Monthly Archives: September 2014


Right curly brace. It is the most powerful feature of C++.
I’m only half kidding, like I always am. Even now. Garbage collected languages have a big dumb machine following you around trying to figure out when you are done using the memory you allocated. When you think your code should be executing, the hulking monster you have no control over in your footsteps might decide it is time to take over the CPU.
As Bjarne Stroupstrup said, the best language for garbage collection is a language that doesn’t need it. C++ gives you control over the resources your program uses. I’ve never really understood RAII: Resource Acquisition Is Initialization. To me it is just a way of making C++ classes behave like built in types. Constructors do the dirty work of allocating memory and putting 0’s and 1’s in place, destructors undo that, copy construction duplicates the bits, and copy assignment clears out existing bits before duplicating the right hand side of operator=().
There are two new ways to help deal with C++’s propensity to create temporary objects, aka r-values, but this post is about l-value lifetimes.
An l-value is something that has a name for the memory associated with it. Maybe I should give mad props to left curly brace too. They introduce the scope that objects live in. Write the class and give it a name and the constructor brings it into existence. The right curly brace ensures the destructor gets called on the object.

It is all under your control in C++ if you just spend some time learning how it works.


I keep forgetting…

…that not everyone knows what I know. Knowledge is hard won, but somehow after you know something it seems completely obvious. Even though it is not.

Some guy using my xll library kept pestering me to debug his code. It was clear to me he needed to invest more time learning C++. One dirty secret about open source software is that most people only complain about the problems they encounter. I am fine with that as long as they are pointing out shortcomings in my code. Not so much when they think I’m a free resource to fix their crappy code that has nothing to do with my library.

I’ve been lucky to have a couple of people that actually provided code I could use, but that seems to be as rare as rocking horse shit. I learned a lesson today from the guy that was calling me names for telling him he might not want to use my library.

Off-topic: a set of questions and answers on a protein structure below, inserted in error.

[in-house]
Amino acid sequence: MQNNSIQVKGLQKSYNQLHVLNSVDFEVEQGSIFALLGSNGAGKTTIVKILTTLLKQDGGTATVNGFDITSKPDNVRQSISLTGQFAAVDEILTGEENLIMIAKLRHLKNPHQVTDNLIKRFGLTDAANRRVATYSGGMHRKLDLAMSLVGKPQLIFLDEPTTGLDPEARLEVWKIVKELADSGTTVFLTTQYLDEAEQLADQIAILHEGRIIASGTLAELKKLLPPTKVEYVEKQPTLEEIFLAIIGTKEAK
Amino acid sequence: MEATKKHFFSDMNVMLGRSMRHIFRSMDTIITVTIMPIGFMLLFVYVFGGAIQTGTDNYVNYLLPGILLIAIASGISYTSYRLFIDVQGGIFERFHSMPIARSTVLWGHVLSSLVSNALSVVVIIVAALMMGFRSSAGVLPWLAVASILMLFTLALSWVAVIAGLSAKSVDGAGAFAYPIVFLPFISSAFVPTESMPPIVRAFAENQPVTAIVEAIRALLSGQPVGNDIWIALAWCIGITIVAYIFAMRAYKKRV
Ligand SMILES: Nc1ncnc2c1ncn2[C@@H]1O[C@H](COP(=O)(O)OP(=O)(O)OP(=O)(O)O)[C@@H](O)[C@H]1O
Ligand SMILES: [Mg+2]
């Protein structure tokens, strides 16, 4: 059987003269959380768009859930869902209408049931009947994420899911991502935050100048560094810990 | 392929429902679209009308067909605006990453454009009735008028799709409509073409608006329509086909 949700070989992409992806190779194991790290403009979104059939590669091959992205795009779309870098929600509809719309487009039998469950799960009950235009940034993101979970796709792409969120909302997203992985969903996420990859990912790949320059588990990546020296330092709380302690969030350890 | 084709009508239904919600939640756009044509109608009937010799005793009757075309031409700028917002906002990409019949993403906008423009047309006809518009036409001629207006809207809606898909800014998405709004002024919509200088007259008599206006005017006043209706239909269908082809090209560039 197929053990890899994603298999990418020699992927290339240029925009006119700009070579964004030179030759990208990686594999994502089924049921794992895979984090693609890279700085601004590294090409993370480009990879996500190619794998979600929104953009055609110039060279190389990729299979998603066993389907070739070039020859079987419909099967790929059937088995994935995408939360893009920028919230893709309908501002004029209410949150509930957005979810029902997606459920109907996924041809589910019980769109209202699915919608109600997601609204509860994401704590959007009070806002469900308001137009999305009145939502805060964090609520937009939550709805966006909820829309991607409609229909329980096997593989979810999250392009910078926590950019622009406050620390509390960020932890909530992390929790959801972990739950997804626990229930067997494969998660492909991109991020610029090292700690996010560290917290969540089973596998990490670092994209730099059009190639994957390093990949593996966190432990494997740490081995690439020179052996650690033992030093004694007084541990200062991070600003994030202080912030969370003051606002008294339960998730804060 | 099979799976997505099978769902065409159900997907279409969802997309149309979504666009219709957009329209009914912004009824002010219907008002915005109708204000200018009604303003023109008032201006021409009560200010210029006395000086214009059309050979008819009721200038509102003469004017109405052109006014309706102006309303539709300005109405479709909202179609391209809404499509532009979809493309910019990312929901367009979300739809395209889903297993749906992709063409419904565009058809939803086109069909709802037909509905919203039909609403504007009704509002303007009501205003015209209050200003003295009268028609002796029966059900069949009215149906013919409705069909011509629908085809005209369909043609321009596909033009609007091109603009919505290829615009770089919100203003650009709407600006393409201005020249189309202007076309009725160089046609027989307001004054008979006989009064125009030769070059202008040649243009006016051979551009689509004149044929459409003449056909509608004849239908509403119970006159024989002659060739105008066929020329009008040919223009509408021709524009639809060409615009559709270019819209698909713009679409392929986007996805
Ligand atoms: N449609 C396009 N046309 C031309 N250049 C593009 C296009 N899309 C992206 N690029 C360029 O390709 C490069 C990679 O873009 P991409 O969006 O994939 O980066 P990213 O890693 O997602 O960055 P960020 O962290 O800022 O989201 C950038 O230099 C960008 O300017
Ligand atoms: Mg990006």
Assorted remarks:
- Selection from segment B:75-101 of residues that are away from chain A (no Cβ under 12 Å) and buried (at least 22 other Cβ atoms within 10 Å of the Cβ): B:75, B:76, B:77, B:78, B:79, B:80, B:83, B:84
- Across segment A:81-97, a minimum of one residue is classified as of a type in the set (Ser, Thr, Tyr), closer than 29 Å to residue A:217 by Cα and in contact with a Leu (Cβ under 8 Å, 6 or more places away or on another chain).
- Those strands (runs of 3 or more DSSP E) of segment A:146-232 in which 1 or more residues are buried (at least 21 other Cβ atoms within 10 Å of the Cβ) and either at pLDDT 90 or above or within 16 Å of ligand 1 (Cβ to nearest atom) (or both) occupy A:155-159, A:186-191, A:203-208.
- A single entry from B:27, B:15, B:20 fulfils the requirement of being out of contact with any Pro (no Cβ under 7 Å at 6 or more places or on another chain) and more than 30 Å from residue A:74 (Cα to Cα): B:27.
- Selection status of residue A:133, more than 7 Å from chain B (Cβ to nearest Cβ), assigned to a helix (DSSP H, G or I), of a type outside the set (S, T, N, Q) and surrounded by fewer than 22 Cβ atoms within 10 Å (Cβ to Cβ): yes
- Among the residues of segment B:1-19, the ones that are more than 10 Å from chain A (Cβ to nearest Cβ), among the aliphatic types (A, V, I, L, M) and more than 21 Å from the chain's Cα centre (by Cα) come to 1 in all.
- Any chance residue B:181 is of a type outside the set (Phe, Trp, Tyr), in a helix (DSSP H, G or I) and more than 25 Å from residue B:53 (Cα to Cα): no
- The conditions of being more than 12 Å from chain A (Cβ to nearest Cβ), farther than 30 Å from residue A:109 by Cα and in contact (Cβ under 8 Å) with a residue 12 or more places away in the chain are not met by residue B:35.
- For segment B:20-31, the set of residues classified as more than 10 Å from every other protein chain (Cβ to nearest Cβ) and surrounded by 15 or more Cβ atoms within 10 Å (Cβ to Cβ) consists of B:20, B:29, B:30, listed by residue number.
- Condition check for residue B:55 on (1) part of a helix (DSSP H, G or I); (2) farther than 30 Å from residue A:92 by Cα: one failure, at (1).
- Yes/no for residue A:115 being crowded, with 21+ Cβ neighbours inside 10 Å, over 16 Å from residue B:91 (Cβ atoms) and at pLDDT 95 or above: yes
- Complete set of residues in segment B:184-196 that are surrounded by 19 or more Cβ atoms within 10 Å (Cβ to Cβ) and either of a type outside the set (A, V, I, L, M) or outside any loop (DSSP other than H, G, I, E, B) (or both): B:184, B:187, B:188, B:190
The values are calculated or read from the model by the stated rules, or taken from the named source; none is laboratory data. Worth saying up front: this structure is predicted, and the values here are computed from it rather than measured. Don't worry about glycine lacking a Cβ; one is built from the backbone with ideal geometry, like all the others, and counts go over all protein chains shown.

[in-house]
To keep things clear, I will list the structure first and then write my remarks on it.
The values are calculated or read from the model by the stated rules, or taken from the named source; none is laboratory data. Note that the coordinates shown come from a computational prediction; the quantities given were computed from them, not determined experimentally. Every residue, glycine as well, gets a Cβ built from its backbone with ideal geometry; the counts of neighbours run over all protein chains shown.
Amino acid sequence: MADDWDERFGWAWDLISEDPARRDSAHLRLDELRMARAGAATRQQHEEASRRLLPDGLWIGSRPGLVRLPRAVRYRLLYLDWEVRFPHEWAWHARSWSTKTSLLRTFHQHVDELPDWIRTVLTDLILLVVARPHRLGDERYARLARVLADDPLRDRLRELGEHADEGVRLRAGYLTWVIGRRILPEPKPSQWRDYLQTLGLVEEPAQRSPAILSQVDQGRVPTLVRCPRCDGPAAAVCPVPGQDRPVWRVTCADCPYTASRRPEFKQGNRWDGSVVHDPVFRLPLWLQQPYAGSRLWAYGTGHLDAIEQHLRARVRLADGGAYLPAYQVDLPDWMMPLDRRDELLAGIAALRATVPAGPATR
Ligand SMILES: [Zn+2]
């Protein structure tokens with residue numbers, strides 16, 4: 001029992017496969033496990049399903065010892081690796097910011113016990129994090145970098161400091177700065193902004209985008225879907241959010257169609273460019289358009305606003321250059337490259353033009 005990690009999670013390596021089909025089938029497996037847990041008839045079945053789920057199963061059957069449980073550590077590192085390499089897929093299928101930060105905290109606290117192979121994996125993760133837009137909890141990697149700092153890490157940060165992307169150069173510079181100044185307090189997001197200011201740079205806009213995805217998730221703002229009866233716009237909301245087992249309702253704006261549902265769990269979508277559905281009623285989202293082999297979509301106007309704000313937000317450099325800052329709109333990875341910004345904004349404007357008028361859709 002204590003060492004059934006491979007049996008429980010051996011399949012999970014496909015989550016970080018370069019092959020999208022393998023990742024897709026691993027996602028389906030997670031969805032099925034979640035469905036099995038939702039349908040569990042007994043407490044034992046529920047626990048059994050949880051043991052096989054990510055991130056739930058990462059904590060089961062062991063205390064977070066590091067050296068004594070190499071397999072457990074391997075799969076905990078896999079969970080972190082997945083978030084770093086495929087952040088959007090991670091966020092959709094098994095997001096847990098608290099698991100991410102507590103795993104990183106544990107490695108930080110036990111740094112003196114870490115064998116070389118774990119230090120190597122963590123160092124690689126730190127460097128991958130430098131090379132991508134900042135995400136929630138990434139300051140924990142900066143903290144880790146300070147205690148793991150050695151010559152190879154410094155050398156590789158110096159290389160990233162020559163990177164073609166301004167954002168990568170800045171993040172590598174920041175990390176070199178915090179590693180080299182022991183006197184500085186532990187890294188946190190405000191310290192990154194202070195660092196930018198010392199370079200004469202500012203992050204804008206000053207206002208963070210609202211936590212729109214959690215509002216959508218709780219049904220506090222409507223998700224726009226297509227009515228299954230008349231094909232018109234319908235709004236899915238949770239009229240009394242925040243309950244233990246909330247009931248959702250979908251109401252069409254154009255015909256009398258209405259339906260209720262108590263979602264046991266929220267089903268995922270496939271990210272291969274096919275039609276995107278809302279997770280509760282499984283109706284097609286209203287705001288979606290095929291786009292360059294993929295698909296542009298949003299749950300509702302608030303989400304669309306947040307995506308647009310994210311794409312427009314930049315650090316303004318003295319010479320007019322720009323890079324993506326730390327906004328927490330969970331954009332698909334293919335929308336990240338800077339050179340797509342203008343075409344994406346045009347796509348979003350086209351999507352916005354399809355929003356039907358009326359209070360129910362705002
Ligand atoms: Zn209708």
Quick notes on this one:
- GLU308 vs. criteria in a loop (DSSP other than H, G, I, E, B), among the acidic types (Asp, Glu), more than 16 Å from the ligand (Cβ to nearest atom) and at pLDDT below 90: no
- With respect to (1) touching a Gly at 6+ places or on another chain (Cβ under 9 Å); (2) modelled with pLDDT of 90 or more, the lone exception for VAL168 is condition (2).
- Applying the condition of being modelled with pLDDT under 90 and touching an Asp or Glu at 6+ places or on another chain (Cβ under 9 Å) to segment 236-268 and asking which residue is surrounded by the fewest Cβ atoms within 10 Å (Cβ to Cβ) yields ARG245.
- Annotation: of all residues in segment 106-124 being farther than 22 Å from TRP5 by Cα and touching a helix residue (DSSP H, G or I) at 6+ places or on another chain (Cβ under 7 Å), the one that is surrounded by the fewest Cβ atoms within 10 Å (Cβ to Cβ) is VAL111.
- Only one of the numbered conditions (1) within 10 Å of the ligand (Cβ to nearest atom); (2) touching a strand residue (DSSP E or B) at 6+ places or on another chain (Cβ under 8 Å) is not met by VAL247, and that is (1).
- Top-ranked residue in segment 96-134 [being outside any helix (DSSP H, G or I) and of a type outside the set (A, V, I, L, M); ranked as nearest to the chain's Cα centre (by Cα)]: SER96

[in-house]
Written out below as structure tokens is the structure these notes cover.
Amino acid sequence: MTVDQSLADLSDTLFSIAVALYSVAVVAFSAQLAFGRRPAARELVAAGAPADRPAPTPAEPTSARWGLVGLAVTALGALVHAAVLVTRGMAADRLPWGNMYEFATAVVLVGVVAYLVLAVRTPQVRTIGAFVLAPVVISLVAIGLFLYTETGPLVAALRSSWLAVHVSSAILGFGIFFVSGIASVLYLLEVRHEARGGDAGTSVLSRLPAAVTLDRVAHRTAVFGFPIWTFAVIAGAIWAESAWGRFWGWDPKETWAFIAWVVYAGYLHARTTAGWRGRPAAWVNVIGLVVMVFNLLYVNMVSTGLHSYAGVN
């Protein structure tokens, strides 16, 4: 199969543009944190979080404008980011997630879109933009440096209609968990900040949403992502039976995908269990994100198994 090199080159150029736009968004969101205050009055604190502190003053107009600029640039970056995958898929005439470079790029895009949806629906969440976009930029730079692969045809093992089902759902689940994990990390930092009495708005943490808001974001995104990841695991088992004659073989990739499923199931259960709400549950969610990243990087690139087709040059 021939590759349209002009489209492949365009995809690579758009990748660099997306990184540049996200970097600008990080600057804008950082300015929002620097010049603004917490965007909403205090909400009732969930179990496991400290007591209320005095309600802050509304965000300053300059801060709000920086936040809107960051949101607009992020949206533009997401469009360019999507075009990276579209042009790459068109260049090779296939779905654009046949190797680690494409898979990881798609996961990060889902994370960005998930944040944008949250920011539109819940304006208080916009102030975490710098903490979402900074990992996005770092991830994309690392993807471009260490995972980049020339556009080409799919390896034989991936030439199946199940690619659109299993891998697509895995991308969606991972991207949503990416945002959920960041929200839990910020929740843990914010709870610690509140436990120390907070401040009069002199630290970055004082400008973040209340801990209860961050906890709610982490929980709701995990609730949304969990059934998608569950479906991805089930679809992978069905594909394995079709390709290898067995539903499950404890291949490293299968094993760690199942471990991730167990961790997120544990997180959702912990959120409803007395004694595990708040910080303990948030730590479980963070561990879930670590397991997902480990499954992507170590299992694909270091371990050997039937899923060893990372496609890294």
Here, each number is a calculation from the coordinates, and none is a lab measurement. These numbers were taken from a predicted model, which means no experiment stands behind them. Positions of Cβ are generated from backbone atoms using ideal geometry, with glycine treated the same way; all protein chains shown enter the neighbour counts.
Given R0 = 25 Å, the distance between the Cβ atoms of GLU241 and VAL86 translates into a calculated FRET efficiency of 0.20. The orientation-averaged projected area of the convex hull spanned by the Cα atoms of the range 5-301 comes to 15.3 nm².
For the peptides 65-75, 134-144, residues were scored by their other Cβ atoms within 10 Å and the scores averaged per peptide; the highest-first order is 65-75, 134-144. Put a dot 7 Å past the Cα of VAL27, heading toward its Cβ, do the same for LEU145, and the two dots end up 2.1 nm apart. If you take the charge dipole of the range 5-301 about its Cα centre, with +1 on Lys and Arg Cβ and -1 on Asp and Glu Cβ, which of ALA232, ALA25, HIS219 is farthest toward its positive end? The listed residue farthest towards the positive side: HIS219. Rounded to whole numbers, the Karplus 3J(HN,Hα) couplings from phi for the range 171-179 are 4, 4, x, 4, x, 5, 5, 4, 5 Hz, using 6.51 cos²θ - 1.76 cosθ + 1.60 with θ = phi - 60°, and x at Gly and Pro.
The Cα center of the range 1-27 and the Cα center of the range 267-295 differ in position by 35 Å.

C++ is hard. Really hard. But some fascinating things are going on in that world now. Some of the smartest people in the world have been making it easier to use. Google Bjarne Stroustrup and just listen to what he has to say. The world needs more people like him.

I’m teaching a course that uses C++ and it is still the case that people have trouble with just compiling and running a program. It is the price you pay for using a language that was designed to make it possible to get the maximum performance out of the latest silicon. It’s bits all the way down.

Some people say C is high level assembly language. They are right. That is what Dennis Ritchie and Brian Kernighan wrote it for. Hardware was changing in bigger directions in their day than now. It was a total PITA to write a routine to, e.g., sort an array of numbers and have to keep rewriting it in the latest set of low level assembly instructions. Say a prayer tonight for the compiler writers who insulate you from having to understand such low level details.

The first stage is turning the characters you type as a C program into assembly code. The compiler that some very clever people wrote for you turns that into an object file that the machine you are working on can use. Don’t confuse that with object oriented programming which came much later. It is just a file of bits that the hardware can ultimately execute.

These object files can be collected into a library and be used by other programs. Static libraries (.lib or .a) copy the bits into the program you write. Shared libraries (.dll or .so) share those bits with all programs executing on your computer.

The second stage is to link together object files (I’m lying a little, there are more stages) and provide a well known entry point to where the operating system can start doing exactly what you tell the computer to do.
To make something happen on your computer you have to execute a file. Sounds harsh, but these are names people called things before the age of political correctness.

The xll library it is a little bit different. Excel is already running. When you open an xll, which is just a dll, it looks for a function called xlAutoOpen and executes that. Set a breakpoint on it and step through all the tricky Excel SDK stuff you don’t have to worry about in order to call C/C++/Fortran.

I’ve updated to work with 64-bit Excel if you are following along with the latest. Go to Build/Configuration Manager… and set the platform to x64. Let me know if that is not working for you now, as long as you understand this is not an invitation to debug your code.